The Rt Muntarol snorkeling location at Cape Muntarol is located in Umag's popular Stella Maris resort, right in front of the tennis courts overlooking the open sea. The easiest way to get to the location is by the coastal promenade that surrounds the tourist resort. In front of the tennis courts there is a wide sunbathing area with several steps for getting into the sea. One can easily recognize the snorkeling location by the rocks protruding from the sea. If you observe them carefully from the shore, you will notice that they extend towards the open sea in the shape of stone fingers.
As soon as you get into the sea, you will find yourself in a shallow stone labyrinth teeming with life. But to get to the most interesting part, swim towards the rocks you saw from the shore. You will reach the right place when you see the rescue watchtower in front of you, located on the very edge of the sunbathing area, and in the distance a tall building on the right side that can serve as a second landmark. Then look under the surface: stone streets formed by rocks protruding from the sea will appear before you.
Although Cape Muntarol is one of the shallower snorkeling locations, only 2 meters deep on average, it hides amazing rock formations with small, hidden windows and passages. Rocks take most interesting shapes. For example, one looks like a Roman arch with two windows under the porch, while the other has a column supported by a roof. Wherever you go, follow the path and slowly move through the alleys and passages, because at every intersection you can surprise the young fish who hide there.
These interesting rocks are a safe hiding place for many fish and crustaceans because they are rich in small tunnels, and above all food. When you get closer to the rock, take a break and observe the algae. After a short while, you will notice that every rock has rich groves of green, brown and red algae of various forms. Some are bushy, others have fan-like leaves or those resembling small waterfalls, while some look like small trees in a shape of a fir or lettuce. The base of the rocks, depending on sun exposure, may be covered with a soft moss-like carpet. If the algae are found in dark and shady parts, they can turn wine red, and if they are more exposed to the sun, they develop all shades of pink and even the colour of vanilla. Algae are the foundation of the marine food chain and are important for the production of oxygen in the sea.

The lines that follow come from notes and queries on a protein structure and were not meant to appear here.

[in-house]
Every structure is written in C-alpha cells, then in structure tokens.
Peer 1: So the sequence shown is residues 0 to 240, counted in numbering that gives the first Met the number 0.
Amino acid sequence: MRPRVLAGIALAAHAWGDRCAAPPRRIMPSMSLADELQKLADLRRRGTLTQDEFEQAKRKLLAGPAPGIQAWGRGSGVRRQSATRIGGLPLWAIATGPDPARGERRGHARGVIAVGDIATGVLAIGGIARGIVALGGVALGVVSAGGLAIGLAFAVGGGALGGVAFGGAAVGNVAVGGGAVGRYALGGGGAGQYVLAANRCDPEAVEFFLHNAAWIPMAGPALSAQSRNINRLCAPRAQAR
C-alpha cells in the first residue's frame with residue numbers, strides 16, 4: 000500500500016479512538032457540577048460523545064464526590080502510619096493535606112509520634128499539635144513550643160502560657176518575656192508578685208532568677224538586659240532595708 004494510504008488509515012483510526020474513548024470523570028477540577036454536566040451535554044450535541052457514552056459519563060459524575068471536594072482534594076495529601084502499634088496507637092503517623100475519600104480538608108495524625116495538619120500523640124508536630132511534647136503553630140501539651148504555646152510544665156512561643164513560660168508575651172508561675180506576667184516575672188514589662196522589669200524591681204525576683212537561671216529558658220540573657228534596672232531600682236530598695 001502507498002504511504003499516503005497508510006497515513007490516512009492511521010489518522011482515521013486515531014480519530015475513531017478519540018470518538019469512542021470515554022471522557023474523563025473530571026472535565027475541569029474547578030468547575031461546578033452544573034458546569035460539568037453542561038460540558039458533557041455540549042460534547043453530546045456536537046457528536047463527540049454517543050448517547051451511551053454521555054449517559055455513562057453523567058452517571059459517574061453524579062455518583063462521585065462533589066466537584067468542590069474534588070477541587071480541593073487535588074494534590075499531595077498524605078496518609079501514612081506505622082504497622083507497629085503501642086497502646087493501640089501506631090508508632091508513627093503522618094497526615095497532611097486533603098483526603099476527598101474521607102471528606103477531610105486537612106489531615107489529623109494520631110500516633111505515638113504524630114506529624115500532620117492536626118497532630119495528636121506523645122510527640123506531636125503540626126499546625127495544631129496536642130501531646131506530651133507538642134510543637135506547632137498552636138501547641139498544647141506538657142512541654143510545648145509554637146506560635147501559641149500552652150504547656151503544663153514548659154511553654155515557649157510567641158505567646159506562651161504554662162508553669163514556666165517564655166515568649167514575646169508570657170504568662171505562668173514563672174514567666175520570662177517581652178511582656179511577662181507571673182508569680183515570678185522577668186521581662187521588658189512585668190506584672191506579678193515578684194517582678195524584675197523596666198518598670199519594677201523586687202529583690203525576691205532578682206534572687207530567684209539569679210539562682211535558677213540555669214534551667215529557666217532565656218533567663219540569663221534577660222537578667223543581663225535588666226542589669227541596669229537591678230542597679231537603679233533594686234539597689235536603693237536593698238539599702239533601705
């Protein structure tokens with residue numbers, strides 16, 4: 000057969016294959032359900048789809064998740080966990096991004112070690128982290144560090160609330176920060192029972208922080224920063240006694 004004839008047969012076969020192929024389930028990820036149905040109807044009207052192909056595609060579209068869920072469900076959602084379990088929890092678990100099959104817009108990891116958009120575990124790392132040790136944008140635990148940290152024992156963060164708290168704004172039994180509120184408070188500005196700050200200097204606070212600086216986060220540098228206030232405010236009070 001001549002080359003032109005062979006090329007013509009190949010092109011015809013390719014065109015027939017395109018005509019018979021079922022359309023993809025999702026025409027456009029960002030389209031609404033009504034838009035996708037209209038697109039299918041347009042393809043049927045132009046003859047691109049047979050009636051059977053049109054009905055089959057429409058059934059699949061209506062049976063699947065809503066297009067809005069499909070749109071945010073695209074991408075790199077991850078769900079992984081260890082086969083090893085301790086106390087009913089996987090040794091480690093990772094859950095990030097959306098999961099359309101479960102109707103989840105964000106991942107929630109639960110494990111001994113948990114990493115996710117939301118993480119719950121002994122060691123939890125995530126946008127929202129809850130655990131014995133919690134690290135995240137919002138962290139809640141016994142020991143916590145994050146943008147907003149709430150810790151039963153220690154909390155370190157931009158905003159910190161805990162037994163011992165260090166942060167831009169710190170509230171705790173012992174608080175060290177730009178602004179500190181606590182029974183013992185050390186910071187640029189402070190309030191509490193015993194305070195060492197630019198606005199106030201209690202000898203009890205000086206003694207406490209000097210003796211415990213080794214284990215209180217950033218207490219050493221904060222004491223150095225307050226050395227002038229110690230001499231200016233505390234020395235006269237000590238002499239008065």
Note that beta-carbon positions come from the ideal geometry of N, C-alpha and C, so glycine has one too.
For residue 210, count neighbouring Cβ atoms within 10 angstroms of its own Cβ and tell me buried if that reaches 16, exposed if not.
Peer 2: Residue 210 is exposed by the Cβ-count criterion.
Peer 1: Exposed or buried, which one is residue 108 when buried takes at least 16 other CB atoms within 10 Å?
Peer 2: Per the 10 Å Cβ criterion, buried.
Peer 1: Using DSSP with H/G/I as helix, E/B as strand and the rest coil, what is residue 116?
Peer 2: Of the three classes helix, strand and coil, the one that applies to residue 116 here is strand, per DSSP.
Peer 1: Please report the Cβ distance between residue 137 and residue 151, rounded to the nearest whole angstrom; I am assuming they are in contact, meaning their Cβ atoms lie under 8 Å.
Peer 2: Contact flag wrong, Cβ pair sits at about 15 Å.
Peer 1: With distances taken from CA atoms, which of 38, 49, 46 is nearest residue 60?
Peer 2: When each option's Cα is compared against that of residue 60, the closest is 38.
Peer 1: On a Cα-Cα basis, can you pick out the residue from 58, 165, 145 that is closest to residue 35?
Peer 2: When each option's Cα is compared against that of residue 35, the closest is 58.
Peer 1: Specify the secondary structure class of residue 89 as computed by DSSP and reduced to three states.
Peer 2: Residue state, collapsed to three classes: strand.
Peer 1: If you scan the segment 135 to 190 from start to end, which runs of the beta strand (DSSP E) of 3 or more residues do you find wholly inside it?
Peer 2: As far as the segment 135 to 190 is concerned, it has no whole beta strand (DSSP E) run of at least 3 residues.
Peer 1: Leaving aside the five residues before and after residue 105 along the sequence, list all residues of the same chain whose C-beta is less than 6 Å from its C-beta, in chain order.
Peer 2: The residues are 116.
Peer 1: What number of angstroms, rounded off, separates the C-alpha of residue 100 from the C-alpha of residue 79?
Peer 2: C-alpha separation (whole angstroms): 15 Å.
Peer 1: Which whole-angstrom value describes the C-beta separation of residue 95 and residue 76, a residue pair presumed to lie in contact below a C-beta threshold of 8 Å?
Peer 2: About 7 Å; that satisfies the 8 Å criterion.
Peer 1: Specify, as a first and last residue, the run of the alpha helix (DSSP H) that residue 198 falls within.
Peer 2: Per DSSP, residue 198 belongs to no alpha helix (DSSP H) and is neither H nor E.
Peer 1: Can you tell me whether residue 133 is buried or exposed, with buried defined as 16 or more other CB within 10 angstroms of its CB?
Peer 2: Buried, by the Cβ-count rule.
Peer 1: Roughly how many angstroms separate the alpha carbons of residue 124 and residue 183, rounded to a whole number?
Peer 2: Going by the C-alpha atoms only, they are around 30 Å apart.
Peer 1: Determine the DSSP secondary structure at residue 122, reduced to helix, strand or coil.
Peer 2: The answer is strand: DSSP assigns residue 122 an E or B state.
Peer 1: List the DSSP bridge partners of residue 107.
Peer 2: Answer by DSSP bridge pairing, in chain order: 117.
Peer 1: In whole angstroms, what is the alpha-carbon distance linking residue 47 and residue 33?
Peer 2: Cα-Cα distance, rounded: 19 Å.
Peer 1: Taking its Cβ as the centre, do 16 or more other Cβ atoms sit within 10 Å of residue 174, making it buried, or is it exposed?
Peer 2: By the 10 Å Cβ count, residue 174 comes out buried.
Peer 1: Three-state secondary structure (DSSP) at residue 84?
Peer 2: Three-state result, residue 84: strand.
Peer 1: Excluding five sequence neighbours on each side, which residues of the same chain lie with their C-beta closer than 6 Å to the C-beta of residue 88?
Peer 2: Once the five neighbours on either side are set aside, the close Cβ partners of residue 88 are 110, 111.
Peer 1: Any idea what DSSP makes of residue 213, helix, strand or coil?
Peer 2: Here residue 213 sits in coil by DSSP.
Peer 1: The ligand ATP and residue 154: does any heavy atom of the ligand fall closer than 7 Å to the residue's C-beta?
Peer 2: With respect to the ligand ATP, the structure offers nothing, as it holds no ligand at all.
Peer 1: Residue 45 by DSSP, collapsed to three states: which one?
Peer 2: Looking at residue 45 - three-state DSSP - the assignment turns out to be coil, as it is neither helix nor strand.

Here you can also find a sponge called "little sea orange (puffball)" because it really resembles a little orange. As it grows in shallow, shadowy parts, it is also darker, almost brown, but with an orange colour protruding like glowing lava from it. Sponges are sedentary animals, with snails as their greatest enemies as they feed on them.
Below the bottom of the stone paths there are secret, tight passages in which the comber, five-spotted wrasse and dark patterned pointed-snout wrasse hide. They are very curious fish. If you are not in a hurry, they will tell you where they live because they always return to their home.
Located on the Cape itself, this snorkeling location is known for its dense fish traffic, especially outside the stone labyrinth. Do not be afraid if a large shoal of mullets swims by you, but relax and enjoy - the scene is phenomenal!
The sea currents also bring the Mediterranean jellyfish to Cape Muntarol that you can't help but notice. Its specific bell has a round brown protuberance in the middle resembling a hat. Below it are tentacles with blue and white balls at their end, providing a refuge for little fish. Don't worry - it's harmless, swims very slowly, and it's really interesting to watch.
Those who want to explore more than described, must keep in mind that the safest snorkeling is the one inside the protective barrier, marked by a floating line.
In front of the sunbathing area, towards the north, the bottom is sandy and strewn with large stones. It's a real challenge for the curious to find arches that can be swum through. There are a few, located near a stone maze representing an excellent search game. Here you can also see the sand steenbras, recognizable by the elongated body of light colour and small transverse stripes. They swim in small groups, roam the bottom in search of food and are always followed by a thick cloud of sand.